Michael Pollan shared his favorite “Dietary Dos and Don’ts” in the October 2009 New York Times Food issue. One in particular — shared by Rachael Narins — stood out: “Don’t yuck someone’s yum,” and I’ve adopted it as the motto for my Gastronomy class and the EatNYC club.
It has come in handy when there is a funky-footy cheese or super stinky tofu on our tasting plates. The kids’ eyes widen and their noses wrinkle, but I remind them that someone somewhere prizes the food in front of them. “What’s the worst that can happen?” I rationalize. “You won’t like it. Eat a piece of bread, drink a little water and the taste will be gone. But if you do like it, it will be a source of pleasure for the rest of your lives. That’s a risk I’m willing to take.” (This is where students invariably counter with the blowfish argument: “The worst thing that can happen, Ms. Boylan, is that we die. Explain that to our mothers.” Point taken. And hence we will never taste blowfish; there’s just too much paperwork involved.)
Last week I had to plug the reliable saying again when Jessalyn, a Taiwanese student, brought in the salted duck eggs and thousand year eggs (pidan) she made with her family for the class to taste. She first explained the history and fermentation process and playfully called the eggs, “Thing One and Thing Two.” The class warmed up.
And then came the tasting. Jessalyn cut the salted eggs into tiny slivers and because of the predictable white and yellow colors, the students gobbled them up. “I’m in love,” Kleant declared.
Jessalyn proceeded to carefully peel the thousand year egg, and the class collectively shuddered at the shiny black albumen peeking through. She sliced it in half. Now, for those of you unfamiliar with pidan, the fermentation process — aided by a pasty mixture of black tea, salt, wood ash and quicklime — turns the “white” of the egg a glossy black and the yolk a creamy sulphur-ish green.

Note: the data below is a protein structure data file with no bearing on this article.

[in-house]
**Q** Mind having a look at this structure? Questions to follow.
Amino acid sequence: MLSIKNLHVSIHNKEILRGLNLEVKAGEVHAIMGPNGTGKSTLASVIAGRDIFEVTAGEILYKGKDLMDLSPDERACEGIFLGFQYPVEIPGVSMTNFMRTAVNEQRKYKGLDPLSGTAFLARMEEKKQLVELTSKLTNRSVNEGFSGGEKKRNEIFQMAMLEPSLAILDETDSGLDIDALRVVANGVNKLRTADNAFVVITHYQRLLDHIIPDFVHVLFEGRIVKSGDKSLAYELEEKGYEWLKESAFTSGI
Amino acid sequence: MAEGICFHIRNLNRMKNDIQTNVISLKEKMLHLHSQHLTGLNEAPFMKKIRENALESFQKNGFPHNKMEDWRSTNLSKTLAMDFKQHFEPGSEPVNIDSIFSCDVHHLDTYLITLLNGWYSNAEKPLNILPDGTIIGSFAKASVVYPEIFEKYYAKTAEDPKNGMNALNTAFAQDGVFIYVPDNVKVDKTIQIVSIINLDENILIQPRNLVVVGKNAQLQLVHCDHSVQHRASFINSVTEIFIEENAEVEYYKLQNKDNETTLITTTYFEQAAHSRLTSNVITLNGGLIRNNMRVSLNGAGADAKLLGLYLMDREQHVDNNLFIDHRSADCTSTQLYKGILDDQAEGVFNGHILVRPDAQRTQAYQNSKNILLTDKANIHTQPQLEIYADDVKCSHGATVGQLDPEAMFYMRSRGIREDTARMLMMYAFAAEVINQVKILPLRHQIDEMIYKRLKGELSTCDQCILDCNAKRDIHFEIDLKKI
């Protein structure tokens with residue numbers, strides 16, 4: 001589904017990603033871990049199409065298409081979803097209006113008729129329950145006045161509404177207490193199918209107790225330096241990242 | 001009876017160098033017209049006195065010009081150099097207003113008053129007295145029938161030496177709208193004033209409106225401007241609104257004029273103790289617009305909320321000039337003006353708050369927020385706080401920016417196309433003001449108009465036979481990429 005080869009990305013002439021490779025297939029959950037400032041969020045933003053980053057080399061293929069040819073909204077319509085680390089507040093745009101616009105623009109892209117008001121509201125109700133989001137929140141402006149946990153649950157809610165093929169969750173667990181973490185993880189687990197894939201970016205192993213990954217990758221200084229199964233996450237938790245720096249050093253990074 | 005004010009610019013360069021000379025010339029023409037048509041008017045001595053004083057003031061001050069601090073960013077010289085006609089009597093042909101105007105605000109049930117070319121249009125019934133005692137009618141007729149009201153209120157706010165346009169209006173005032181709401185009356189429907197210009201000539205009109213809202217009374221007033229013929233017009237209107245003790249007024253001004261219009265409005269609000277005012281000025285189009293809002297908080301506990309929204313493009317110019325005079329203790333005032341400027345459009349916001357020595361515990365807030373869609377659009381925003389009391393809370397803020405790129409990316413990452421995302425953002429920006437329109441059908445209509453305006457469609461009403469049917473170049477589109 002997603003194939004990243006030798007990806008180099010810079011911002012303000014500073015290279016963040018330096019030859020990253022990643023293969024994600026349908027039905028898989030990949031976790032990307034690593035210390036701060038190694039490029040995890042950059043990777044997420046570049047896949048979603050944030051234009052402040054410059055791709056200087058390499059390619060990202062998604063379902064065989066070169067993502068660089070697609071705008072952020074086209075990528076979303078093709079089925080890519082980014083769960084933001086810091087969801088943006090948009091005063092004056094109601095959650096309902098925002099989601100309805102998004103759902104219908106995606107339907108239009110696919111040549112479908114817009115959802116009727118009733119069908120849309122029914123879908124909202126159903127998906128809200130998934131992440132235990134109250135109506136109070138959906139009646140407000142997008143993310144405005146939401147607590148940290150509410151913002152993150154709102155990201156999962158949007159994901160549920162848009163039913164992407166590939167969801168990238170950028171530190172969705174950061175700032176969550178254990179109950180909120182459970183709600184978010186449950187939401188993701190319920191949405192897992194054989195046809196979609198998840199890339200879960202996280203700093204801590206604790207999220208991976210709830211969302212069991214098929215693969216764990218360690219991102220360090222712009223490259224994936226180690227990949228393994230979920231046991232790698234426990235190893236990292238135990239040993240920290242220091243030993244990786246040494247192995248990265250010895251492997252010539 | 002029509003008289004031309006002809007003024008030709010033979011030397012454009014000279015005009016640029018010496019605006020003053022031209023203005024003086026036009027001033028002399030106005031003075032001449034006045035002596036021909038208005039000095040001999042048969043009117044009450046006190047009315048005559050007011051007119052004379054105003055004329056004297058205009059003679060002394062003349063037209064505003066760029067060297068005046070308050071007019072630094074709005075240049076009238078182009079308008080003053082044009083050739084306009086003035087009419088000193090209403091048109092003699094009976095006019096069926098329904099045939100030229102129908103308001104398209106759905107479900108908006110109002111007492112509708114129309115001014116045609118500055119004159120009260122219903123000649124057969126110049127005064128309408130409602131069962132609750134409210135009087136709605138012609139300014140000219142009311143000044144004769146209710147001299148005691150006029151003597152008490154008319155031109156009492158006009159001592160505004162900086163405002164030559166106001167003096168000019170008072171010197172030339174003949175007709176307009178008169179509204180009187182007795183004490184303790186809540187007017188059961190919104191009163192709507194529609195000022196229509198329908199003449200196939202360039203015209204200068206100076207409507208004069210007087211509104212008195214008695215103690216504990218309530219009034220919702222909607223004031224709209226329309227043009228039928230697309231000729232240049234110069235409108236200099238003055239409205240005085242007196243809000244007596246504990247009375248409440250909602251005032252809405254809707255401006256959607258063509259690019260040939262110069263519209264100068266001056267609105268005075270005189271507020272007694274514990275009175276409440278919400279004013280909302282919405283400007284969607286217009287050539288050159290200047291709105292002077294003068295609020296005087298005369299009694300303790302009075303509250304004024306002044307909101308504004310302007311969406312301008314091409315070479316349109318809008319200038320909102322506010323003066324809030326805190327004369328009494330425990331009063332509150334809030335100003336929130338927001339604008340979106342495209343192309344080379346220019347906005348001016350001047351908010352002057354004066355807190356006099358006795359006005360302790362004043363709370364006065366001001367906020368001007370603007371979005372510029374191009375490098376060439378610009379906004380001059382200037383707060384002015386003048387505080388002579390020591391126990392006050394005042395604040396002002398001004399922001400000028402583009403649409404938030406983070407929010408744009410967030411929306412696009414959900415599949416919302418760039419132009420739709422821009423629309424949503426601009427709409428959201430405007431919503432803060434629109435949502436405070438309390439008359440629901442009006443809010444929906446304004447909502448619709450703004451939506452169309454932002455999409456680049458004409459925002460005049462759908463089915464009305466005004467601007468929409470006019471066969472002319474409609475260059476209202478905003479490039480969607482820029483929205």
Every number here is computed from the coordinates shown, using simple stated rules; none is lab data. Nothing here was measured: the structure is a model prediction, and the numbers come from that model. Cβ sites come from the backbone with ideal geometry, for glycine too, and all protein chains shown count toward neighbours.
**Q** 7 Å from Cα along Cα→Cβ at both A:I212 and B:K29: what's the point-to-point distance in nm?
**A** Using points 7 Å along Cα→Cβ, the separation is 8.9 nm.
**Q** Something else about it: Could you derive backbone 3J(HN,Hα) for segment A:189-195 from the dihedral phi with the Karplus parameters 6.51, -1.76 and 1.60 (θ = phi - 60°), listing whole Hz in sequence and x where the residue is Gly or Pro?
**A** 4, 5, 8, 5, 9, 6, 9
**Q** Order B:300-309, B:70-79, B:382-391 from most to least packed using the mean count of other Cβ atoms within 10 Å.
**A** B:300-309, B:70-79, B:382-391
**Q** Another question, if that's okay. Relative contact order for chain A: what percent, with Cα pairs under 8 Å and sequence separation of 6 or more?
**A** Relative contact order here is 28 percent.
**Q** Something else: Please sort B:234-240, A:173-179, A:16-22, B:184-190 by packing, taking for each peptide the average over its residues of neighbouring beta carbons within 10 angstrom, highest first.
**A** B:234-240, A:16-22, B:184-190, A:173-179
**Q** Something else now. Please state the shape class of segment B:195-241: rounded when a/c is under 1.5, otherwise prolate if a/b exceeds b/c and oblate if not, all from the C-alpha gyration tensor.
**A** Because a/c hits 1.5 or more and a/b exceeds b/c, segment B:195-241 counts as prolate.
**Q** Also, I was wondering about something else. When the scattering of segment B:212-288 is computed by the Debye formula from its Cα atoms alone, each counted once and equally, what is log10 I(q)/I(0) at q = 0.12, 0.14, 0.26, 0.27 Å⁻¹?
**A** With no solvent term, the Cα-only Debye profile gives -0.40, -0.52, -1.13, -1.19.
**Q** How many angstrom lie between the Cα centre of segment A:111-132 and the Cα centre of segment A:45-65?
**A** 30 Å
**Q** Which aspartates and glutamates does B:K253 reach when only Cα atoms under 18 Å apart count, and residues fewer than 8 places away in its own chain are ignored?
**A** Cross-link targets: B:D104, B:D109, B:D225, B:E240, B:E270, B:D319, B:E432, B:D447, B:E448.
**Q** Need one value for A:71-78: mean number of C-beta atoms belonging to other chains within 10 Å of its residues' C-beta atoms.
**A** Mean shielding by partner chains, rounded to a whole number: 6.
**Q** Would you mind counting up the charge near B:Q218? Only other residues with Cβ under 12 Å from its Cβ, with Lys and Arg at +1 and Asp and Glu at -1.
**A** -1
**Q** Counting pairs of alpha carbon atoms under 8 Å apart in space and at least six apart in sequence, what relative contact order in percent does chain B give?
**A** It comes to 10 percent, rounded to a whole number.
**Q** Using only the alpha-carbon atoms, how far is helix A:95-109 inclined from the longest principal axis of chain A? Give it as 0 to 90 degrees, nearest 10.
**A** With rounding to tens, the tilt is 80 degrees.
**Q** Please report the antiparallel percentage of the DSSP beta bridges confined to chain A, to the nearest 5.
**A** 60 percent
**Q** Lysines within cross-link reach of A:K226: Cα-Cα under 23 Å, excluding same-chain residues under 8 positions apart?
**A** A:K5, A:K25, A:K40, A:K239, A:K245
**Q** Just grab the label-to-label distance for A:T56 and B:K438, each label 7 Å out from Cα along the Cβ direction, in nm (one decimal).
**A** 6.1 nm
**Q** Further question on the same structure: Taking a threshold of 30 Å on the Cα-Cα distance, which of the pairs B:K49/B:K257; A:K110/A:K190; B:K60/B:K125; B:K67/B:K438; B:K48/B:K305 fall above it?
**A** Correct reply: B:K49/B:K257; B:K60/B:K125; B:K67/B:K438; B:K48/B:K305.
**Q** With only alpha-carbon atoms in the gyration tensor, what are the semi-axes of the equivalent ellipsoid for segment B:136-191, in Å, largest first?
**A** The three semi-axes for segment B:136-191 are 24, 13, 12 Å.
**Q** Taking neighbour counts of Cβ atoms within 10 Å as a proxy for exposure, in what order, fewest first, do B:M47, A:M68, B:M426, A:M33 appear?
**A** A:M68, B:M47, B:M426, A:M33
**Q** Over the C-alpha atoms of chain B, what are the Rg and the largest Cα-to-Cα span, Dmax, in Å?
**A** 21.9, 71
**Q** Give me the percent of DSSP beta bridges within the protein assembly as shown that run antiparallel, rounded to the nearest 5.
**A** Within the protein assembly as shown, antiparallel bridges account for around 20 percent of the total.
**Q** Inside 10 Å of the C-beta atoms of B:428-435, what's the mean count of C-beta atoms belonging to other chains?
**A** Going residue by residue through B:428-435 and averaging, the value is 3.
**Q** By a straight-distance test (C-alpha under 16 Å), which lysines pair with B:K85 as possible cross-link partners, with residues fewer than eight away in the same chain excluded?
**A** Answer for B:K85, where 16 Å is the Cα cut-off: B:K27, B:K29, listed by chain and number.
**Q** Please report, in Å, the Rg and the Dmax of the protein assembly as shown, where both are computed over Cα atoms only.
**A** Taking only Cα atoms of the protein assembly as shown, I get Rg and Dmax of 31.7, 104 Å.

“Yuuuuuuck,” went the chorus. Unfazed, Jessalyn explained that pidan is typically served in congee (rice porridge) or with soft tofu, greens and oyster sauce. “Yuuuuuck,” they reiterated. “And this is what you are going to taste today,” she beamed.
I intervened to remind them that it was too late to declare an allergy to pidan, and they would all be obliged to try it. “And remember, guys,” I started. “Don’t yuck someone’s yum,” they finished with a collective eye roll.
Each student grabbed a plate and sidled up to the pidan. Jessalyn gingerly placed a slice of the egg on each cube of silken tofu. A squirt of oyster sauce later sent each kid back to his seat to contemplate the next move. They eyeballed it from different angles like kittens calculating an attack on a ball of yarn. Giggles and dares ensued.
And then they ate it.
The reactions ranged from surprise to confusion to displeasure. Some really liked it and went back for seconds. At least two had to force it down. But all of them were proud to have sampled something so foreign to them. One student concluded, “I never would have tried this because of its appearance. I didn’t love it, but it wasn’t that bad, either. Who knows what I’ll try next?”
My point exactly.